Inexpensive, stiff-bristled paint brushes--in a variety of widths--are a great addition to the cleaning tote. Use them to dust the tops of books, whisk dirt from baseboards and corners, clean dust from blinds, and remove crumbs from upholstery.
It's silent. It's sneaky. It creeps about in corners: clutter! When the state of the house aggravates you to your last nerve, it's tempting to launch an all-out battle in the war against clutter.
First, though, know your enemy!
There are as many reasons for household clutter as there are clutterers. As Pogo says, "We have seen the enemy, and he is us!"
Take aim on your household's clutter problem by going to the root of the problem: your own thinking.
What's your clutter personality ... and which of these internal voices strikes a chord?
Hoarding is rooted in insecurity, financial or otherwise. Deep down, Hoarders fear that they'll never have the resources they need if they let go of any possession, no matter how worn, useless or superfluous.
If cabinets and closets are crammed with egg cartons, cracked margarine containers, and old magazines, there's likely Hoarding behavior underlying the clutter.
Hoarders need to be remind themselves that resources will always be available. Where can a Hoarder look outside the home for a substitute Hoard?
Reassure yourself! Stuff will be with us always. Look around, you'll find that magazines are indexed at the library, kitchenware is marked down at yard sales, and every small appliance known to man can be found (cheap!) at the thrift store.
Think of these off-site treasure troves as attenuated household storage areas ... and dare to dump it!
Those of the deferral mindset are guilty of the great set-aside. Bills, notices, old newspapers, items that need cleaning or repair, and household projects are all set aside to be dealt with another day.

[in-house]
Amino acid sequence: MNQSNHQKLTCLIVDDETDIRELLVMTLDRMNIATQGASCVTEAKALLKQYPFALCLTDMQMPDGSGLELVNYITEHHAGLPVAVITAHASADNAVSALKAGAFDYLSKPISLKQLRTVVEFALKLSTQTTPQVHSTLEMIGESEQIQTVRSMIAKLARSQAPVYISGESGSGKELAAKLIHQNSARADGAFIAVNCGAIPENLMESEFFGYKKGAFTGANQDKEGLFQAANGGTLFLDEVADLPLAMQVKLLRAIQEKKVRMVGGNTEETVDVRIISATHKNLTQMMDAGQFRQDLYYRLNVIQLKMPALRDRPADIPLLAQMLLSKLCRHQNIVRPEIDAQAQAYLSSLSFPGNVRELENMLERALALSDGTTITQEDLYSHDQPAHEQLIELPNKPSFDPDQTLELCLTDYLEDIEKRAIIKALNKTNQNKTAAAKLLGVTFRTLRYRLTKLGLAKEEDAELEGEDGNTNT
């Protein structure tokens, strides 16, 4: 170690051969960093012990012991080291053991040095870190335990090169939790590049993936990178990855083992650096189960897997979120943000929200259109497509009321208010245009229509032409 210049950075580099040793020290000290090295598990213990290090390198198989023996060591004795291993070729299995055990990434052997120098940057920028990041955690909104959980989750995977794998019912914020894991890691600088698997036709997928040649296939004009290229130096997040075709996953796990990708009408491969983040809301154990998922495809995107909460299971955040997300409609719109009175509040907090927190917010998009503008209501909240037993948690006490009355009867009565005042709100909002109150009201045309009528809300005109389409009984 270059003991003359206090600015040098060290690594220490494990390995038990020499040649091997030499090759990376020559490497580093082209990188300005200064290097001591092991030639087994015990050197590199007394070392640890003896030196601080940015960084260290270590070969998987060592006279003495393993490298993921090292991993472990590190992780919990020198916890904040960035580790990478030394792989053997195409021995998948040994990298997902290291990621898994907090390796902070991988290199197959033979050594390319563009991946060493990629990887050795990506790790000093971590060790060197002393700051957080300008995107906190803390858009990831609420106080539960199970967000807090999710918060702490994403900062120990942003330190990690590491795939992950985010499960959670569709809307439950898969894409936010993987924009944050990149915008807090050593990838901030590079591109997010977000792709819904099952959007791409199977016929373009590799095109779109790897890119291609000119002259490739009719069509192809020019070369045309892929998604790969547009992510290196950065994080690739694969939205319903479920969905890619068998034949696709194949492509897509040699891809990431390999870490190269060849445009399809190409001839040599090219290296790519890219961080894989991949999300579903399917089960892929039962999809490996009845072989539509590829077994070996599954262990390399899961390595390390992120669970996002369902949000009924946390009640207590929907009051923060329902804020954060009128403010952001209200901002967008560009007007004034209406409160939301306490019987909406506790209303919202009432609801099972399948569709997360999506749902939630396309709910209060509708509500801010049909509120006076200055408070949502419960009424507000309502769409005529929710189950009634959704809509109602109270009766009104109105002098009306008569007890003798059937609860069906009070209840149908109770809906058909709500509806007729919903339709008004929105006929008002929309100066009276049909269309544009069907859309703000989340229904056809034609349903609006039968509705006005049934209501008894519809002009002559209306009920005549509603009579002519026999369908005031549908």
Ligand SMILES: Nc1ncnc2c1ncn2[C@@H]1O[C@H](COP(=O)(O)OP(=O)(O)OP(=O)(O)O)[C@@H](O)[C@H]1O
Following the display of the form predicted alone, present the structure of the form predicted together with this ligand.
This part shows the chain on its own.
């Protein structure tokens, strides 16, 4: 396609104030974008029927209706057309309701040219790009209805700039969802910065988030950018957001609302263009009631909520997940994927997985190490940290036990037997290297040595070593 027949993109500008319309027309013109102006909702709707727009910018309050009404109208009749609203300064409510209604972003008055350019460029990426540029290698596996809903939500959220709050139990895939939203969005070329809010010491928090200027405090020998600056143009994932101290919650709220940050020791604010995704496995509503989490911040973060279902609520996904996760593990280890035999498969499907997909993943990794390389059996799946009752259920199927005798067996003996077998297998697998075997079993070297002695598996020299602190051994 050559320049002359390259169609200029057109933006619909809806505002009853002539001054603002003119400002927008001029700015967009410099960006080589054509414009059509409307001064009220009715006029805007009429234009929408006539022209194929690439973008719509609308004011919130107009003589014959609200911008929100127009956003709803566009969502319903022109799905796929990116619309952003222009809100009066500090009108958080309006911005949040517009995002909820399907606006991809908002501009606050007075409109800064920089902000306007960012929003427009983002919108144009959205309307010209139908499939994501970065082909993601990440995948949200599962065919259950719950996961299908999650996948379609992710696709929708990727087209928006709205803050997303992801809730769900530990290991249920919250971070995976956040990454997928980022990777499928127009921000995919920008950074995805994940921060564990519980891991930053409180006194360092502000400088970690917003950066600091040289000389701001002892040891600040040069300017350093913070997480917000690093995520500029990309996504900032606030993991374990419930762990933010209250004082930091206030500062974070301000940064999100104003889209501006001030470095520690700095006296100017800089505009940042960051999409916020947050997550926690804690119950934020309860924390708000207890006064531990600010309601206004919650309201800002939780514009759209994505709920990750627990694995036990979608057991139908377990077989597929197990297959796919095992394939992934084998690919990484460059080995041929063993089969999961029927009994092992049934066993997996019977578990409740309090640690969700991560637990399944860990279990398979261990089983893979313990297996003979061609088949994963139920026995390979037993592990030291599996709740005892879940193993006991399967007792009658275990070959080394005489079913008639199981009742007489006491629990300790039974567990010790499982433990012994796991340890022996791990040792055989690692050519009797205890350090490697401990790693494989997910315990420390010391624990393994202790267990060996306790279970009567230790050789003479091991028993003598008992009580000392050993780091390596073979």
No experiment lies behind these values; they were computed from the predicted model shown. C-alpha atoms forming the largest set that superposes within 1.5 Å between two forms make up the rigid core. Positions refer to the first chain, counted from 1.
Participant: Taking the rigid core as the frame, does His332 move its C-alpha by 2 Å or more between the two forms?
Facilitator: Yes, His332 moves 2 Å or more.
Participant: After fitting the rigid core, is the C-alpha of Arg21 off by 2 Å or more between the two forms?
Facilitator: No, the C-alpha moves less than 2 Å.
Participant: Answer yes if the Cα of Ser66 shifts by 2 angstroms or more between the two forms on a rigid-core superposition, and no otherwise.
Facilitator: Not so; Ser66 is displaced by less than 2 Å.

The Deferrer will leave dinner dishes in the sink, wet laundry in the washer, and dropped fruit underneath the backyard apple tree.
Deferrers need to be reminded that tomorrow has no more time or energy than today--and that putting off decisions drags down each new day with yesterday's unfinished business.
Since this behavior is grounded in procrastination, apply the best remedy: action. For Deferrers, simply making a start creates the momentum needed to finish the job.
Remember, it's easier to keep a rolling stone in motion, than it is to pick it up and start it rolling the first time!
Somehow, it's all Mom's fault. Rebels were forced to pick up after themselves as children; as adults, they're still expressing the mute and stubborn determination of a four-year-old who refuses to pick up his toys.
Rebel clutter can be anything, but often centers on household activities. No, the Rebel won't put his or her clothes in the hamper, cereal bowl in the dishwasher, or car in the garage--even when the clothing gets wrinkled, the cereal bowl hardens into yellow goop, and the car gets damaged by roadside traffic.
Rebels need to remind themselves that the war is over. They don't live with Mom anymore--and their own family deserves an adult on the job, not a sulky child.
Tell that inner Rebel, "It's okay--I'm the parent now, and I want a house that's nice to live in. By switching places with the old authority figure, the Rebel can find a way out of "I don't wanna!"
Perfectionists are wonderful people, but they live in an all-or-nothing world. They do wonderful things--when they do them!
Perfectionism forms an inner barrier to cutting clutter because the Perfectionist can't abide doing a less-than-perfect job.
Without the time to give 110% to the project, the Perfectionist Clutterer prefers to let matters--and the piles of stuff--slide.
For example, plastic food containers may be overflowing their cabinet, but the Perfectionist Clutterer won't scrabble them to rights until he or she can purchase the perfect shelf paper, lid holder organizer, and color-coded labels. As a result, the massed and crowded containers stay put, falling down onto the feet of anyone hapless enough to open the cupboard door.
Perfectionist Clutterers need to remind themselves of the 20-80 rule: 20% of every job takes care of 80% of the problem, while fixing the remaining 20% will gobble 80% of the job.
By giving themselves permission to do only 20%, Perfectionist Clutterers get off the dime and get going.